Computer Graphics World

September/October 2013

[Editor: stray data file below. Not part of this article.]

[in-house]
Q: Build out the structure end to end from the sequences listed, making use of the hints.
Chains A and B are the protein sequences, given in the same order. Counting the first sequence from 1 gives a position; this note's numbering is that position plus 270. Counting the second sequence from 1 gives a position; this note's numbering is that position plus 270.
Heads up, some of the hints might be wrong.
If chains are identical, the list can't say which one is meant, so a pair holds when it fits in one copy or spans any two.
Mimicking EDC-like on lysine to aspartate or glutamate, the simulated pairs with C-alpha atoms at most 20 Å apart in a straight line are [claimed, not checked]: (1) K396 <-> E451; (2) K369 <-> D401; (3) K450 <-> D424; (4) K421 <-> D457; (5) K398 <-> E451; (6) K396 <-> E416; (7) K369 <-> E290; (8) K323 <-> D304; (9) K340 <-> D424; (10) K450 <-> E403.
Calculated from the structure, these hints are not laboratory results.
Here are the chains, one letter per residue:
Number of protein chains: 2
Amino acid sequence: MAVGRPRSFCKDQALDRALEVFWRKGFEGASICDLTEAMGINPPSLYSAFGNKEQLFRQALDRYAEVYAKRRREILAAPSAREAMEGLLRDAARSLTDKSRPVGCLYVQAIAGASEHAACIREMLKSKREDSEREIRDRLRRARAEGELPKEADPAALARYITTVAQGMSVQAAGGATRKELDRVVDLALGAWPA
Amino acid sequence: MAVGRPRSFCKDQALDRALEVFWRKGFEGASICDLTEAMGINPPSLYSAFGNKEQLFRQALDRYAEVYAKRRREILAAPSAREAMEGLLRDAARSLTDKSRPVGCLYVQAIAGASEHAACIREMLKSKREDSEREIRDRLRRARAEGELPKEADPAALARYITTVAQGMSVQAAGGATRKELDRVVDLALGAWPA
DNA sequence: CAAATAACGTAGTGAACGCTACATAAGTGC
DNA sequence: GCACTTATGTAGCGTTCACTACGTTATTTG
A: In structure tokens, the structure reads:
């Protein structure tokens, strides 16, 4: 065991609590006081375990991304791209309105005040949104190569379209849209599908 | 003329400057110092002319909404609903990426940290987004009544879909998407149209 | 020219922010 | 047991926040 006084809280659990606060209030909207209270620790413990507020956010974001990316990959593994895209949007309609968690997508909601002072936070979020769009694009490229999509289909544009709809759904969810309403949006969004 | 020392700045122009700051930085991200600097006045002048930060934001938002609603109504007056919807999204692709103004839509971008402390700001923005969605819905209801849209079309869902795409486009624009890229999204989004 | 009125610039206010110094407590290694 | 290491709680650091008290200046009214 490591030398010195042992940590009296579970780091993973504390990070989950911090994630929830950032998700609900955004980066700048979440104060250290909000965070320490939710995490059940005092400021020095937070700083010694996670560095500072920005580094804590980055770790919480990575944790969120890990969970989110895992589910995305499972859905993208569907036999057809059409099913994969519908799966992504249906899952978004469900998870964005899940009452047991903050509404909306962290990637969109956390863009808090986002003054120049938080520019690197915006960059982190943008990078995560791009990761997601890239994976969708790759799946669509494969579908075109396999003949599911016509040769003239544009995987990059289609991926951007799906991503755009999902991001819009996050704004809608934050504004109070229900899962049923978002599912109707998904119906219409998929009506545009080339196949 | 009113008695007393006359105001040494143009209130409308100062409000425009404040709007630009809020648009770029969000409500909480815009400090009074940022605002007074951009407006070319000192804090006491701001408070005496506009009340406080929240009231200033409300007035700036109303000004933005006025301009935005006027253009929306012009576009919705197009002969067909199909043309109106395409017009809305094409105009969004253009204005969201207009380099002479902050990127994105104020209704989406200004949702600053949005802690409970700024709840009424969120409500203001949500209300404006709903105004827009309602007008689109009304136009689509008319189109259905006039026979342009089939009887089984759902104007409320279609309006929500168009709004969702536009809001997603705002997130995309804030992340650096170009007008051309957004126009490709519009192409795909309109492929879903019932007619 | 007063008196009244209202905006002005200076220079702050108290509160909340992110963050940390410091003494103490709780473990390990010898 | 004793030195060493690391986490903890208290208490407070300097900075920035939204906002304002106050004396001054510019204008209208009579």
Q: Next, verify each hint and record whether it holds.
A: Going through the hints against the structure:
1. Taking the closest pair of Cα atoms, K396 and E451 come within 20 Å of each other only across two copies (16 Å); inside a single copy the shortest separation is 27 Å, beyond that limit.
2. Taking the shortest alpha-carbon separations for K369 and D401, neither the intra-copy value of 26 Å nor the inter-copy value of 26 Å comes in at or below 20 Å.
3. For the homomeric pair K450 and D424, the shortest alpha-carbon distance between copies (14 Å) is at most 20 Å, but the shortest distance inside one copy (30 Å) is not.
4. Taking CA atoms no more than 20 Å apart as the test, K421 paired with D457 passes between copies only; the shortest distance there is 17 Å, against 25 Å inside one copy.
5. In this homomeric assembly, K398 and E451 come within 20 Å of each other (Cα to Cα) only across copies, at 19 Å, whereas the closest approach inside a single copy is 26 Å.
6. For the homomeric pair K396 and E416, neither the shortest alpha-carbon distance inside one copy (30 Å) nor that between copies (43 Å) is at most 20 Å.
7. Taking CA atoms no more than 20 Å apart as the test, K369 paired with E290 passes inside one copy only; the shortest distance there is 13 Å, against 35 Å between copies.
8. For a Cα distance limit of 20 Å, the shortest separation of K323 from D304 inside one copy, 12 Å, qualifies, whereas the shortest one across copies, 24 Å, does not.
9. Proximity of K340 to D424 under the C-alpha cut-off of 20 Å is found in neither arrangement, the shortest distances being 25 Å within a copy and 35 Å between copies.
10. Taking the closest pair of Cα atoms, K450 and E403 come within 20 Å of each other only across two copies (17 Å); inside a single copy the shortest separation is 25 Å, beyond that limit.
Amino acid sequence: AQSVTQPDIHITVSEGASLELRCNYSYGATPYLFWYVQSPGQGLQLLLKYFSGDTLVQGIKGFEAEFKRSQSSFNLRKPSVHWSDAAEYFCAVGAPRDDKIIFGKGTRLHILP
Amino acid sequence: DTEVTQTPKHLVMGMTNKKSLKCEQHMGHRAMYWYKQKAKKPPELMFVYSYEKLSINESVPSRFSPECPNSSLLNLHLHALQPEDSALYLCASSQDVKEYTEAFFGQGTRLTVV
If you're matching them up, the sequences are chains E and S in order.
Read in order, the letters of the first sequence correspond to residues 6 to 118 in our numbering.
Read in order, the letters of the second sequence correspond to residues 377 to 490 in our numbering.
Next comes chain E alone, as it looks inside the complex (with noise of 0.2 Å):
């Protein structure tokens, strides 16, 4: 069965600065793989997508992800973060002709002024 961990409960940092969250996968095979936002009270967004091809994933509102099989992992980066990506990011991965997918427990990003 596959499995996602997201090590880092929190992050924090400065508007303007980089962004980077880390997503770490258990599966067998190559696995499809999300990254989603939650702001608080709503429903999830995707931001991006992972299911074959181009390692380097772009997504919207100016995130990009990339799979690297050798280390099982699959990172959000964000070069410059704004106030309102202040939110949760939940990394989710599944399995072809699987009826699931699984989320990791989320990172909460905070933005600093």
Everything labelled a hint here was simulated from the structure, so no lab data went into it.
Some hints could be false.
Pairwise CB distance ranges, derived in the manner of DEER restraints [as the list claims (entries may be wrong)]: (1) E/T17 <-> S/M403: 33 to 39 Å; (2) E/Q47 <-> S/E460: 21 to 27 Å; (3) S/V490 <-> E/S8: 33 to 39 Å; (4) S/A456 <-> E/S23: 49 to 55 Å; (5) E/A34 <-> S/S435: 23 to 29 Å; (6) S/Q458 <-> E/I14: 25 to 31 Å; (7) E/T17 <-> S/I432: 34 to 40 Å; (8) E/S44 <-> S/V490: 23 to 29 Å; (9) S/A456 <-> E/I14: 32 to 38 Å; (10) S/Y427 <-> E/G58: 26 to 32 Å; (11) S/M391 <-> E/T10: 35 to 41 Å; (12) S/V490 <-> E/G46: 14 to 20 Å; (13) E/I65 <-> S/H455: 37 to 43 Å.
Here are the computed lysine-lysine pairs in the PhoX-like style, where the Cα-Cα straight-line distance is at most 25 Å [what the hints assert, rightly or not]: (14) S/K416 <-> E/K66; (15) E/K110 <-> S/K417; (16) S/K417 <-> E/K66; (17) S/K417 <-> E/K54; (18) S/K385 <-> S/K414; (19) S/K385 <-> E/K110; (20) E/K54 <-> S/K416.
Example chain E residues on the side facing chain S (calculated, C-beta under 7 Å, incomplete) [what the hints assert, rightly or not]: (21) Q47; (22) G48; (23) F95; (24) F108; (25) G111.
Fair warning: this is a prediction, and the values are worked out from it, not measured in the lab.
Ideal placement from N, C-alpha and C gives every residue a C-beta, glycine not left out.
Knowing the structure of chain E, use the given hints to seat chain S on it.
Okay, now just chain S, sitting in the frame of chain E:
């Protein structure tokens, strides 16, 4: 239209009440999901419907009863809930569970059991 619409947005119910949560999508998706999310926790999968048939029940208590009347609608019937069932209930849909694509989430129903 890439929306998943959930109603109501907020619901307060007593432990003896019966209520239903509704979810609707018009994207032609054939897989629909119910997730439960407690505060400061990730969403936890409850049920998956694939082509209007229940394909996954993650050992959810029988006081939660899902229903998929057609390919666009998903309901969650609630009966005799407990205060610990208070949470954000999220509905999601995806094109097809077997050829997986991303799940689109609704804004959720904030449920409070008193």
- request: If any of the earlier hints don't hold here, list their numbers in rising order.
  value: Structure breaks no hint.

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facial expressions on an avatar in a virtual world like Second Life. " "Or, Griffin says, "imagine you just woke " up. Your hair's a mess. You could Skype with an avatar and look great. " The facial-capture data could also drive something other than another face. The company has developed plug-ins for MotionBuilder, Maya, Unity, and other software platforms. "We give you 0 to 1 curves, Griffin says. "You " can read those into a 3D application and trigger whatever you want. " Thus, it could trigger digital music and other sounds. Or, images. One artist, for example, has created a digital painting that viewers can interact with through their facial expressions. The traveling exhibition is currently in Moscow. "When the viewers smile, the sun rises, Amberg says. " Launched in November 2012, the product is already a success, according to Griffin. "We have customers in 21 countries, and a number of big studios have bought licenses, he " says. "I'm surprised by how many people I ring up and they say, 'We've already got it.'" And that's just the beginning. Researcher Hao Li at USC, for example, has developed algorithms for capturing faces and hair using a Kinect device. "The biggest thing I've done is solve the problem of correspondence between two scans using a method called a graph-based, non-registration algorithm, he says. "The idea is " combinations and in-betweens as we can, Lemmon says. "For any character, " we will have as many as 30,000 shapes on the face. That shape-based model " catches data captured from the actor's performance during filming. Many facial-capture systems use an underlying model – you tell the system what the model can do and then track a performance and fit expressions from the performance onto that model. But, Weta has taken a different approach. "We use an underlying model, too, " Momcilovic says, "but our tracker and solver have different models and work in different ways. To give the animators the option to change how a frame is going to look, I had to break solving and retargeting the face away from tracking. The most important thing is to give control to the animators so they can go through a sequence, change a frame, and it's all real time. They have instant feedback. " ■ ATOMIC FICTION CREATED this stylized digital version of Spaghetti Western actor Lee Van Cleef using systems from Faceware. that if you're given two meshes, two surfaces, the computer computes the correspondences automatically. If you want to do facial tracking, you can throw 2,000 frames into the solver and it will find the correspondence. " Li plans to show his work at SIGGRAPH Asia. Once mass-market consumer devices have embedded 3D sensors into various mobile devices, as is likely to happen, the door for facial capture bursts wide open. ■ CGW Barbara Robertson is an award-winning writer and a contributing editor for CGW. She can be reached at For the facial capture, the motioncapture team typically paints marker patterns on the actors' faces using between 200 and 400 markers. "Markers are convenient because our solver is marker-based, but the tracker doesn't need markers, Momcilovic points out. " "We can train it to track a markerless face. " However, the markers have advantages. "Some facial-capture techniques require a lot of data processing afterward, Lemmon says. "If an actor pulls " a particular expression, because each frame becomes its own new shape, you might have to correct that shape later. It's a brute-force approach. We'd rather set up a system that defines what a character's face actually does and dial in the muscle movements as the character goes through the performance. " Other facial-capture systems do a per-frame scan of the face to record the movent of the geometry. "That has limitations, as well, Lemmon says. "We " don't want to put them in a chair or a booth. If we can have a system that pulls all the detail off the face, great. If we can't, we'll use video reference and keyframe the performance, and that works well, too. For us, it's all about getting as much information as we can without getting in the way of the performance. " For Lemmon the magic happens after the capture. "It's when you get back in the studio and take all the information you've acquired, all the data, all the pictures, and start working on shots, he " says. "And, suddenly, one day in dailies you have a render with facial animation, lighting, skin, fur, and you see a living, breathing creature doing what the actor on set did and you think, 'Oh my God, we brought something to life with all the spirit of Andy Serkis.' That's the payoff. – Barbara Robertson " C G W S e p t e mb e r / O c t o b e r 2 013 ■ 21

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